Another week, another major derisking of European names. While the drop of China out of the Top 10 can only be attributed to the summer doldrums, the top countries are mimicking the World Cup Final, and are all European, amounting to over $1 billion in net notional derisked in the past week. These are Germany, Italy, Spain, Austria and the Netherlands, with Greece and Poland at 6 and 7, and Brazil, South Africa and Colombia rounding out the top 10. On the other end, by a smaller margin, the rerisking of France and Portugal amounted to just over $500 million in the past week. The most active name was Brazil with 1,109 contracts unwound or almost $10 billion in notional, even as the net change was one of derisking. It appears Europe will have no peace from CDS "speculators" testing out the ground in each and every country, until it the rolling wave of defaults finally sets in as Niall Ferguson stated earlier.
Goldman Sees "Disturbing Signs" If Government Does Not Bow Down To Krugman, Reflate Monetary And Fiscal BubblesSubmitted by Tyler Durden on 07/06/2010 - 20:09
Last week, Goldman, in a piece unambiguously titled The Second Half Slowdown has Begun, made it all too clear that unless the US government were to succumb to yet another, and another, and another round of drunken sailor spending, the gratuitous ability of its sellside analyst to place crap companies on Conviction Buy lists may suddenly become mysteriously impaired as reality seeps through the gaps, thereby infuriating CEOs of worthless and overlevered widget makers, who know all too well their corporate earnings are about to be taxed through the nose by the Obama crack economic team, as their stock is about to plunge. Today, just in case the threat may have been missed by the cheap seats the first time around, here comes Jan Hatzius with the ominously titled "Disturbing Signs" which reads like Paul Krugman's induction essay into the Useless Economists' Society.
Now that America is on record spending autopilot and nobody cares or knows just what the 2010 deficit pattern of the government will look like, and, more importantly, the debt issuance, we have compiled historical quarterly data comparing the change in US deficit and debt data. As the chart below demonstrates, over the past 10 quarters, on average the US had added $400 billion in debt each quarter, while increasing its deficit by about $275 billion, with debt issuance surpassing any given period's deficit by almost 50%. To be sure, the data in the debt change is skewed by the outliers of Q3 and Q4, which were not so much an increase in term debt, but a massive issuance in short-term debt holdings, as the entire world scrambled to place their money into ultra-secure 30 Day and other Bill securities. As a result of these two debt outlier points, the US is now stuck with rolling over half a trillion in short-term debt on a monthly basis. Either way, it is obvious that it will likely be impossible for the US to trim it quarterly debt issuance materially below $400 billion per quarter, and will likely see this number increasing as tax receipts continue declining. Additionally as quarterly deficits are unable to drop below $300 billion (note the Q2 '10 data excludes June deficit data), once interest rates start climbing, look for these numbers to surge once ever greater portions of the US deficit go to simply pay the interest on the federal debt. Bottom line, with the US expected to generate a deficit of about $1.5 trillion in the next fiscal year, the napkin estimate says that the US will likely incur between $2 and $2.5 trillion in debt over the next year. And now you know even better why the administration is now spending money with no blueprint whatsoever.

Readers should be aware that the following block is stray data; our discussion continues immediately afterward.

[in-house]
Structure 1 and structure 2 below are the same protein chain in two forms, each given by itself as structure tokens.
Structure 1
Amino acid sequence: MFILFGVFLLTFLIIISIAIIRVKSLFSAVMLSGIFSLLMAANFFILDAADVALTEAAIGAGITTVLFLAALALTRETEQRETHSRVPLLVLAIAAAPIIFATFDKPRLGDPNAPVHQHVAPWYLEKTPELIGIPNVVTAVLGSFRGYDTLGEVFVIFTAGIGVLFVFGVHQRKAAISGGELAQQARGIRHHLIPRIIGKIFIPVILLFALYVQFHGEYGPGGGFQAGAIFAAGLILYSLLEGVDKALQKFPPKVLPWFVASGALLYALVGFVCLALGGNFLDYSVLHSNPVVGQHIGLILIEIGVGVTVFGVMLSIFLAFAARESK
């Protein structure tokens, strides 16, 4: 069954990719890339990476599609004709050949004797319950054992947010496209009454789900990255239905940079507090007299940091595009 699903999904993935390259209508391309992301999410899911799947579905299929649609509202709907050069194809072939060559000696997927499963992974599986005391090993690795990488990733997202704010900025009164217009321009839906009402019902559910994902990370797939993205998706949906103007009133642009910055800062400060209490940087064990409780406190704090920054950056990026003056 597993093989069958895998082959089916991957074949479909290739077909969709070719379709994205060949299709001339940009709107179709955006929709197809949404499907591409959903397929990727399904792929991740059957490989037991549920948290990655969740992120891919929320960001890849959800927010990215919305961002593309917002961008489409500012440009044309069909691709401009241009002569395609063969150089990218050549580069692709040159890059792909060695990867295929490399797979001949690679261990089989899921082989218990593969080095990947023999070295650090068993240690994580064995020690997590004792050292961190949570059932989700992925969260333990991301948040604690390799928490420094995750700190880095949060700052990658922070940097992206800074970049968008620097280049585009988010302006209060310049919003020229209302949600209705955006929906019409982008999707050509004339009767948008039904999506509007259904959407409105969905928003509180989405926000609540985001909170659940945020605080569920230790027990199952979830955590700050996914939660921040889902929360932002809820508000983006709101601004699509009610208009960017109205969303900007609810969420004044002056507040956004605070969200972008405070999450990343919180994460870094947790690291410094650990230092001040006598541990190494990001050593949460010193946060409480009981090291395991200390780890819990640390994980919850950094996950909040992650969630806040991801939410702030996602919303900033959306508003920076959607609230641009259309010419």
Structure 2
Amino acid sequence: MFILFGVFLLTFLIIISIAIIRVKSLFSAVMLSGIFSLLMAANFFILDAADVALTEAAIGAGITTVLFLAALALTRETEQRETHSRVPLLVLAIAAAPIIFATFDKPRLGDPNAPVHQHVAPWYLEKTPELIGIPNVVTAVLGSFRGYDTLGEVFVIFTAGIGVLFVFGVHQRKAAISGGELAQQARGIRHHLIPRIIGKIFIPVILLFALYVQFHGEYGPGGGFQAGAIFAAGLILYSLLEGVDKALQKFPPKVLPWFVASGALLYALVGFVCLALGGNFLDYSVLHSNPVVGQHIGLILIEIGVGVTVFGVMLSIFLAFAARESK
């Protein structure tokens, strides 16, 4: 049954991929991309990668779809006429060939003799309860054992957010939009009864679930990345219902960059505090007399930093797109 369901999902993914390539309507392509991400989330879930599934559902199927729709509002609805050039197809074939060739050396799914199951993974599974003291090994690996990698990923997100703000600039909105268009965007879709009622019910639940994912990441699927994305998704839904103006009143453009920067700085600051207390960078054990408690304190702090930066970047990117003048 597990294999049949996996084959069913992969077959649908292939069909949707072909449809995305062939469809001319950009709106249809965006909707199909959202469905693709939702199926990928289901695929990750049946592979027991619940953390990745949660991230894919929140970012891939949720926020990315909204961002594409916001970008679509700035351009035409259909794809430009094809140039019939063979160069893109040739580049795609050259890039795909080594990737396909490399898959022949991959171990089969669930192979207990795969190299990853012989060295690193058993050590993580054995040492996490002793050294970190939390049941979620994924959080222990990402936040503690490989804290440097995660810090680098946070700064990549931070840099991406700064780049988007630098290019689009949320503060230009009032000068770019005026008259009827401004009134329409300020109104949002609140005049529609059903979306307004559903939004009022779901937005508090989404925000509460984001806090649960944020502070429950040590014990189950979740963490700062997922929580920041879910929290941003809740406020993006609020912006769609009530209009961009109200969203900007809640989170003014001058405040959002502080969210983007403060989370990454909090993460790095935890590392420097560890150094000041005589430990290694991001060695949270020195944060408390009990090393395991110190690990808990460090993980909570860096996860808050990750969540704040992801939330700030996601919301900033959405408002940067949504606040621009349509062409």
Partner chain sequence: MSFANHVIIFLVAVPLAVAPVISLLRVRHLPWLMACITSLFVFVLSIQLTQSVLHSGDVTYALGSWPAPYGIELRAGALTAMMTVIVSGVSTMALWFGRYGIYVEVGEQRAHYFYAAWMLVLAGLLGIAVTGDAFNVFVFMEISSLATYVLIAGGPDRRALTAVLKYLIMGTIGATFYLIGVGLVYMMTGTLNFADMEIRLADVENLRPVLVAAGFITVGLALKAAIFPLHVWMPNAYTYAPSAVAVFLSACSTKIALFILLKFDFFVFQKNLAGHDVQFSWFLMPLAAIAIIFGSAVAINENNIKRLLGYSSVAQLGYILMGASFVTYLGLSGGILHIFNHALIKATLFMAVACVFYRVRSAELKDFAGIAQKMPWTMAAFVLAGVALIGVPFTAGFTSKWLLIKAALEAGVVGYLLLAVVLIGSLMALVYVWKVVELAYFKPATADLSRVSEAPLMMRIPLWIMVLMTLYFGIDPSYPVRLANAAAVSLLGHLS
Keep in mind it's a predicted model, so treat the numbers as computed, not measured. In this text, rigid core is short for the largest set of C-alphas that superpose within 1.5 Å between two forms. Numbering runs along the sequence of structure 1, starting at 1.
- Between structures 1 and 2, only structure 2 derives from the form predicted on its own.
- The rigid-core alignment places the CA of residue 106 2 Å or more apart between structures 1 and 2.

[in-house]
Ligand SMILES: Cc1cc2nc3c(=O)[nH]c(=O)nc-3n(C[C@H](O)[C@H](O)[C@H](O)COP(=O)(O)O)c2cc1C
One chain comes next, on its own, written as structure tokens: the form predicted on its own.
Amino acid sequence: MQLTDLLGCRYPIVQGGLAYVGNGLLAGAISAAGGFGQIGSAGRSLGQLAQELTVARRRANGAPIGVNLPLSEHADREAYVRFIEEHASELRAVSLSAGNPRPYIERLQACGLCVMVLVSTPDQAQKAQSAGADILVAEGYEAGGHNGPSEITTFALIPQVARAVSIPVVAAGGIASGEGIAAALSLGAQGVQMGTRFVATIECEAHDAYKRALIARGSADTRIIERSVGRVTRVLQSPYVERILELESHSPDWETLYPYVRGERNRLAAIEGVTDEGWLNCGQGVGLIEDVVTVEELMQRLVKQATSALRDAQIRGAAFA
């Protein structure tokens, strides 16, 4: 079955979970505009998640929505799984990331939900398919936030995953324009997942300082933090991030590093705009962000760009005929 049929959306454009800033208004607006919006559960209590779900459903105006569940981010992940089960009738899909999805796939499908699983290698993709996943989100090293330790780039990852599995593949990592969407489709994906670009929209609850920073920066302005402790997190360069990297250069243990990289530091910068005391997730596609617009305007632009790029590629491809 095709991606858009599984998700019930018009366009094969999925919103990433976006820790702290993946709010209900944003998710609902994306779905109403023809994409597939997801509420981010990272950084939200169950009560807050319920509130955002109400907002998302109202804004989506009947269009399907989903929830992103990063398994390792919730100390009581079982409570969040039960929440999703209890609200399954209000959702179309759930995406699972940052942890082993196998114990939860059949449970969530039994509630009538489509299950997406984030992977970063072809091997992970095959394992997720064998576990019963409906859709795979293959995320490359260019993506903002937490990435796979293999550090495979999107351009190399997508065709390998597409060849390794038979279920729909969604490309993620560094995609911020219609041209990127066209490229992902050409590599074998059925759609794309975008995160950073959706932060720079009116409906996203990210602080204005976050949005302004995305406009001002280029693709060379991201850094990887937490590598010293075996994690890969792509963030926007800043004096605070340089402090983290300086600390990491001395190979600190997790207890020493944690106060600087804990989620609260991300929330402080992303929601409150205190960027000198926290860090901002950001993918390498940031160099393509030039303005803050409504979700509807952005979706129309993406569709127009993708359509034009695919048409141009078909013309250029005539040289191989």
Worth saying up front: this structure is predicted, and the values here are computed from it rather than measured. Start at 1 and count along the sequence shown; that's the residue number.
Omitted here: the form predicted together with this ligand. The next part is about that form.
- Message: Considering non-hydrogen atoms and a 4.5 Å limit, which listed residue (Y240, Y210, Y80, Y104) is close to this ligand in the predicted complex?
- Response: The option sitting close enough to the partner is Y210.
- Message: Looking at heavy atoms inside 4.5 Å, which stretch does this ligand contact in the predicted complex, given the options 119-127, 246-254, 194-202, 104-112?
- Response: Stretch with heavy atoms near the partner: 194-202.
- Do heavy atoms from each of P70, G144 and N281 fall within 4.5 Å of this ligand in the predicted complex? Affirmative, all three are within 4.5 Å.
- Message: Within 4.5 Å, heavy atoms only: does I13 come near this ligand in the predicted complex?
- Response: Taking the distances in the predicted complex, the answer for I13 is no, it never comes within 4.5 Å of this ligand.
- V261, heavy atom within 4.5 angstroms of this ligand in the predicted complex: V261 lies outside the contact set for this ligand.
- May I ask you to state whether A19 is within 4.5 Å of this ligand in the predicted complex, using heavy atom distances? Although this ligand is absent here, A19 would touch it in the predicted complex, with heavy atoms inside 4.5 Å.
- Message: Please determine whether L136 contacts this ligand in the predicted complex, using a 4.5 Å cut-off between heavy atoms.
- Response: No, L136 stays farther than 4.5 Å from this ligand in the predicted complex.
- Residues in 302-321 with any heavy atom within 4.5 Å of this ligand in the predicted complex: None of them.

US Ends June With $13.2 Trillion In Debt, Adds $210 Billion In Total Debt, On Track To Breach Debt Ceiling In Under Six MonthsSubmitted by Tyler Durden on 07/06/2010 - 17:25
In case one is wondering why the House Democrats attached a document to the emergency war supplemental bill that "deemed as passed" a non-existent $1.12 trillion budget, which basically allows the ruling party to start spending money for Fiscal Year 2011 without the constraint of an actual budget, here is the answer: on June 30, the US closed the books with just over $13.2 trillion in total debt, an increase of $210 billion in one month, or $2.5 trillion annualized. There is just $1.1 trillion left on the ceiling. As we have long been warning, at the current run rate, the ceiling will be breached in under six months, or just around November 2. More disconcerting is that the monthly debt roll continues to be in the "ridiculous amount" category, hitting a total of $660 billion, of which $583 billion was rolling off Bills (we are not sure what the $19 billion im "GSE investment" was for, but we are fairly sure the words Ponzi and Perpetuation are part of it). Of course, if America knew that according to the Obama non-existent budget the debt ceiling would be breached in 2010, it may not have a favorable reception among those few who are still willing to vote for either party of the bipartite farce that passes for a government.